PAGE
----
Capetian Kings of France.
What factors promoted the authority of the Capetian Kings of France in the Twelfth century? France in the eleventh century had been a fragmented land, divided into federal principalities, or mini-states ruled by princes or dukes. Though they recognized the King of France’s authority they did not expect him to exercise it in their individual territories. Feudalism increased the power of these mini-states in the twelfth century, and was the tool used by the Capetian Kings of France to advance their influence and wealth.
Why and how the Capetian dynasty sought to establish and then successfully utilize this particular system will be the main focus of my essay. Feudal law was the customs and relations between lord and vassal in regards to the most valuable medieval commodity; land. Under the ‘oath of fealty’ the lord protected the vassal and gave him land to hold in return for produce, labour services, or military services. The feudal lord could acquire a substantial sum of money if his vassal’s son wished to retain his deceased father’s fiefdom.
The potential heir would pay a ‘relief’ to the lord to secure his succession. Other advantages in the feudal arrangement were in cases of the land reverting entirely back to the lord if its vassal died without any successors. The benefits of a feudal society were significant in terms of power and profit for a feudal lord. Therefore, a King who was also feudal lord of his kingdom would hold a strong position of authority. King Louis VI (the fat) sought to establish himself as a feudal monarch, perhaps to regain some of the distinction that had been enjoyed by his predecessor, Charlemagne.
Louis VI’s reign was from 1108 – 1137 AD, during which time he sought to consolidate his power as a feudal lord in his demesne. The Capetian King would then have established a base from which to further expand his royal authority in the Kingdom of France. Louis VI felt that he should protect the lands of his vassals well and not appear to be seizing them for himself. It appears that he hoped this would establish a mutual confidence between lord and vassal and would be a great incentive for other subjects in the kingdom to become his vassals voluntarily. Ceaseless vigilance” was required by the king to assert his royal power and prevent its loss if it was not exercised. Louis VI therefore spent a great deal of his reign travelling from one end of his demesne to the other, quashing petty disputes with vassals and granting permission for festivals and markets. All this was in pursuit of respect for his feudal authority, which he painstakingly achieved. Consequently, the respect of other nobles in the kingdom for Louis increased and with his authority.
Evidence of the King’s increased power can be seen in the invasion of France by Emperor Henry V in 1124. Nobles from all over the territory obeyed Louis VI’s summons to stand against the Emperor e. g. those from Soissons, St Denise, the Count of Flanders, the Count of Anjou, and the Duke of Aquitaine. Louis’s grandson, Philip II ‘Augustus’ would continue this practice of exercising royal control over his demesne. Philip invested a great deal in drawing up thorough and precise agreements with vassals old and new.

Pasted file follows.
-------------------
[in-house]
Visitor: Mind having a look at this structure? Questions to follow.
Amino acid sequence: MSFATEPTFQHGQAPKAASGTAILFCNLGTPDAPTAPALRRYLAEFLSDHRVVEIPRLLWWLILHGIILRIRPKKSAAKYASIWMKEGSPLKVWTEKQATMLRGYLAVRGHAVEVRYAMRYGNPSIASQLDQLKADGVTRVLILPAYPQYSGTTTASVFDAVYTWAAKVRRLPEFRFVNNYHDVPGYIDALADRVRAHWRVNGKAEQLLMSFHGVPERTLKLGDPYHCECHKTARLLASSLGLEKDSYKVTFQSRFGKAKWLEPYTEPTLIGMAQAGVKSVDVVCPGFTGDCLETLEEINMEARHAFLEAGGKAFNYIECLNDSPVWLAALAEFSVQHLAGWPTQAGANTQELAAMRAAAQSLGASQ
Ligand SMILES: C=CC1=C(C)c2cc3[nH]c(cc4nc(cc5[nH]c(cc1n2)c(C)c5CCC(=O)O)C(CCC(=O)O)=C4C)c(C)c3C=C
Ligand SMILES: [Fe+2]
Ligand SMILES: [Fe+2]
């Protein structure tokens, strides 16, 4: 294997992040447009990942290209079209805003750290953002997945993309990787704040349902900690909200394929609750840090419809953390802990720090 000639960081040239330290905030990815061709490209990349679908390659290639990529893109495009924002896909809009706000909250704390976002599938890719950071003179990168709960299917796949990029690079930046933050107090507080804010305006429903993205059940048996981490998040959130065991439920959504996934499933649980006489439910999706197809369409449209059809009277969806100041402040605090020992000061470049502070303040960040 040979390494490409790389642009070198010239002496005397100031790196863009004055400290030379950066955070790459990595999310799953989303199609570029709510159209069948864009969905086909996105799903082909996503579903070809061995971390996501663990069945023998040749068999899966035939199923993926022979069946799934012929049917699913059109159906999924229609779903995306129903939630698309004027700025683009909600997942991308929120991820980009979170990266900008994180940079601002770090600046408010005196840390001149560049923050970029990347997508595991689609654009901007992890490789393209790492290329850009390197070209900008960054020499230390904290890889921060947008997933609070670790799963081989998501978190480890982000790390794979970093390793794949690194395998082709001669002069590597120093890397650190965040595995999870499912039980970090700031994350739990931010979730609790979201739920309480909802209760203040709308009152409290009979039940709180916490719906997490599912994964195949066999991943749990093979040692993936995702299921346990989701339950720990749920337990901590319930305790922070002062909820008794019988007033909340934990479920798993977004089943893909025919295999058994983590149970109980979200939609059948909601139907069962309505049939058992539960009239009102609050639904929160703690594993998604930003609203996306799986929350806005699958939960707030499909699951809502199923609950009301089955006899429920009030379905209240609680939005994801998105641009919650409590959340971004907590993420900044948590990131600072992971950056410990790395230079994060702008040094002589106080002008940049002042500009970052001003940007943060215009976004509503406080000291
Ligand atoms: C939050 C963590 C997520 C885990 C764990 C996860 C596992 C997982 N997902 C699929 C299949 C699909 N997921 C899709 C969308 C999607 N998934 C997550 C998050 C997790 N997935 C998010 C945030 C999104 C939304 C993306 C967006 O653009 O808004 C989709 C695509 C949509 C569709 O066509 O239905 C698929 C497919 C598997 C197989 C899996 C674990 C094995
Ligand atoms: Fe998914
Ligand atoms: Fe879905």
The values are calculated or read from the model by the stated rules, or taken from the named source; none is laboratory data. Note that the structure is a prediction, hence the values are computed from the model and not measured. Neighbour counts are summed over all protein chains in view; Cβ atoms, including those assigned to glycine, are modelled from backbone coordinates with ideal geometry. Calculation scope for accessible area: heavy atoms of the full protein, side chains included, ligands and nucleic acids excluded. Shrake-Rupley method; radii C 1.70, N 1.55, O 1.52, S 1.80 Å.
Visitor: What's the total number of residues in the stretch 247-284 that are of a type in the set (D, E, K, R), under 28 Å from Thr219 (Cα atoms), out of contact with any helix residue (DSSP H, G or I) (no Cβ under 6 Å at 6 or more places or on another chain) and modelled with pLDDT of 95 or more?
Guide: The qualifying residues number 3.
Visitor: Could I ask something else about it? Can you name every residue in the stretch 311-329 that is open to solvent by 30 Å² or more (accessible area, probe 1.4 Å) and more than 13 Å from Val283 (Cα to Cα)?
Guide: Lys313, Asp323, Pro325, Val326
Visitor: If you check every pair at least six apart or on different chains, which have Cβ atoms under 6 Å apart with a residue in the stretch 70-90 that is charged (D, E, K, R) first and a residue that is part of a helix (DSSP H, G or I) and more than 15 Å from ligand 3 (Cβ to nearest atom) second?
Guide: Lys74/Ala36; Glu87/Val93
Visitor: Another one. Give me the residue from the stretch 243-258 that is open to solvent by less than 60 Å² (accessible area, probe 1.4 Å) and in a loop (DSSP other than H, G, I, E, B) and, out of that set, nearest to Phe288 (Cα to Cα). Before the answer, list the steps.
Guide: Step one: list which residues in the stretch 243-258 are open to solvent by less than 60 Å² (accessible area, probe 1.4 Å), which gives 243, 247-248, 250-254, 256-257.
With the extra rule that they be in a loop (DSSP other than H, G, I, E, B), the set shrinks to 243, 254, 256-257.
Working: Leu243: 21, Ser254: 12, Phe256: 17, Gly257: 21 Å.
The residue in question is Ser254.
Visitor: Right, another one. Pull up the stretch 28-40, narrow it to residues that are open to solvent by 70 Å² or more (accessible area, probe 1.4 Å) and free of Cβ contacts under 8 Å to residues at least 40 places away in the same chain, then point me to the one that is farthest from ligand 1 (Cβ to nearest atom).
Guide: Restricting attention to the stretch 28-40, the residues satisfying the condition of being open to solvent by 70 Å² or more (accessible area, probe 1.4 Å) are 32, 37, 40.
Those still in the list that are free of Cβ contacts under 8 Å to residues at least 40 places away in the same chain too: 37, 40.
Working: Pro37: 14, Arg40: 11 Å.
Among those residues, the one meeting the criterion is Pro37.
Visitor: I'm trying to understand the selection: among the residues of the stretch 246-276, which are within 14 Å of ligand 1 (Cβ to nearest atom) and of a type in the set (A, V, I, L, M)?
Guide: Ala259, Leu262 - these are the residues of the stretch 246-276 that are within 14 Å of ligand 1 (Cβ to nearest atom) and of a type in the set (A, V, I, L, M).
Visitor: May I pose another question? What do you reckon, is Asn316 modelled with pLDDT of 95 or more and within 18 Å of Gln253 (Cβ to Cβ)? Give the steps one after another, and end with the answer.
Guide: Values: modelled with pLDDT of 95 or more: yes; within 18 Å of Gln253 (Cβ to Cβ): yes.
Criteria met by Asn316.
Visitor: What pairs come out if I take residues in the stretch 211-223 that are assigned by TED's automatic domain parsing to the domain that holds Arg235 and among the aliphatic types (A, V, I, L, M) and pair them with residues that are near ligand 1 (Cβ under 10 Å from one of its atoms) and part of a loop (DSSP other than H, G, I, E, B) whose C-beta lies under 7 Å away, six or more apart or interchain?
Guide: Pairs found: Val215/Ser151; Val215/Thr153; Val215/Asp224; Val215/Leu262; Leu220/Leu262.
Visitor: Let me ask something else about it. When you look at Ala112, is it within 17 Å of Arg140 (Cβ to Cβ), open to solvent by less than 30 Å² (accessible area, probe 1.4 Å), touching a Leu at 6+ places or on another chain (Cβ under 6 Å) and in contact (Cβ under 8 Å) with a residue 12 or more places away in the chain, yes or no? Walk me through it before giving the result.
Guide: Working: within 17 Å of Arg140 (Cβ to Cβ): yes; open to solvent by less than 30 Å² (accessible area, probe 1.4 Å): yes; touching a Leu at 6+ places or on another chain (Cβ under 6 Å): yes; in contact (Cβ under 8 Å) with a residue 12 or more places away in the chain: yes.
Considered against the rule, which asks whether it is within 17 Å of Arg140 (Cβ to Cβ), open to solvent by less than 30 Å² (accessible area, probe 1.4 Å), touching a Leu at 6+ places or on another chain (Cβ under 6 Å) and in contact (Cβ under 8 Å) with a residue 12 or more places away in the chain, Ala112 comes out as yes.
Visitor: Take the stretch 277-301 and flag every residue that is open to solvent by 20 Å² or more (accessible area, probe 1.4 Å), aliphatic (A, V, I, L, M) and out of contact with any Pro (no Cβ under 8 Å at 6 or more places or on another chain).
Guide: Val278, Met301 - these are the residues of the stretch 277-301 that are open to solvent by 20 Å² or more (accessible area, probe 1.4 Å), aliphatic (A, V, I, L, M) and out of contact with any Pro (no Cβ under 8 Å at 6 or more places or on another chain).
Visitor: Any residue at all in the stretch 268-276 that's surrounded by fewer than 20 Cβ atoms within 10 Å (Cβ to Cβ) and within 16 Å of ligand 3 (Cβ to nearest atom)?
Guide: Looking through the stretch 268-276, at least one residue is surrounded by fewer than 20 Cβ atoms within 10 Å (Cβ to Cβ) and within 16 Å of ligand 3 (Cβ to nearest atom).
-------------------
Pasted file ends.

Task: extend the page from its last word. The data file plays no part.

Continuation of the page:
By the time Philip II ‘Augustus’ was in power, the territory under Capetian control had grown significantly. This was due in part to the labours first carried out by Louis VI in first consolidating the royal demesne before enlarging it. Both kings knew the value in treating their subjects justly, as dishonesty or greed was sure to provoke a feudal rebellion and destroy any possibility of a feudal monarch. The relationship between the crown and the church also played a part in promoting Capetian authority. The church lent support to the king in return for protection.
The idea of a feudal monarch in Latin Christendom appealed to the clergy who favoured order and obedience which would allow ‘Christian life’ to flourish. The church even supported the claim that the king possessed a healing touch which he passes on to his son. This claim gave rise to the notion that the position of king was ordained by God and should be accepted as his will. This made way for another advance in solidifying royal power by helping to make the crown hereditary. The king’s son was permitted to be crowned during his father’s lifetime in order to preserve the healing touch.
The church gave the monarch a higher degree of moral credibility and in return the church gained more prestige. One therefore increased the standing of the other in medieval France. Louis VI’s chief minister and ecclesiastical advisor was Abbot Suger of St Denise. He held his prestigious office from 1122 to his death in 1155, during which time he recorded a history of his king, The Life of Louis the Fat. As a result of this great power he held in France, he was very much involved in French politics and “virtually ran the Kingdom while King Louis VI was away on crusade. This aspect of Suger’s career would explain his proximity and involvement in the monarch’s progress in gaining a more prominent role in European affairs, and as a result of this proximity, why he was in a position to chronicle Louis’s life. He seems to play a significant role in promoting Capetian authority in how he portrays Louis as a most pious and worthy king to serve under. He states in the introduction of his biography that “with my pen I describe his devotion to the church’s worship of God” and implores his contemporaries and readers not to forget Louis VI’s “marvellous zeal for the good of the kingdom. Perhaps Suger may be slightly guilty of exaggerating Louis’s piety in an effort to promote his image as a moral leader and help consolidate his power. The enlargement of the royal demesne was the essential aim of the king and his advisor and Suger’s account seems to support this view. Suger may have also wanted to record the events in the life of Louis VI that involved the French Church in order to emphasise the strong bond between the crown and the clergy. The King was forced to move against Thomas de Marle who was claiming land unlawfully.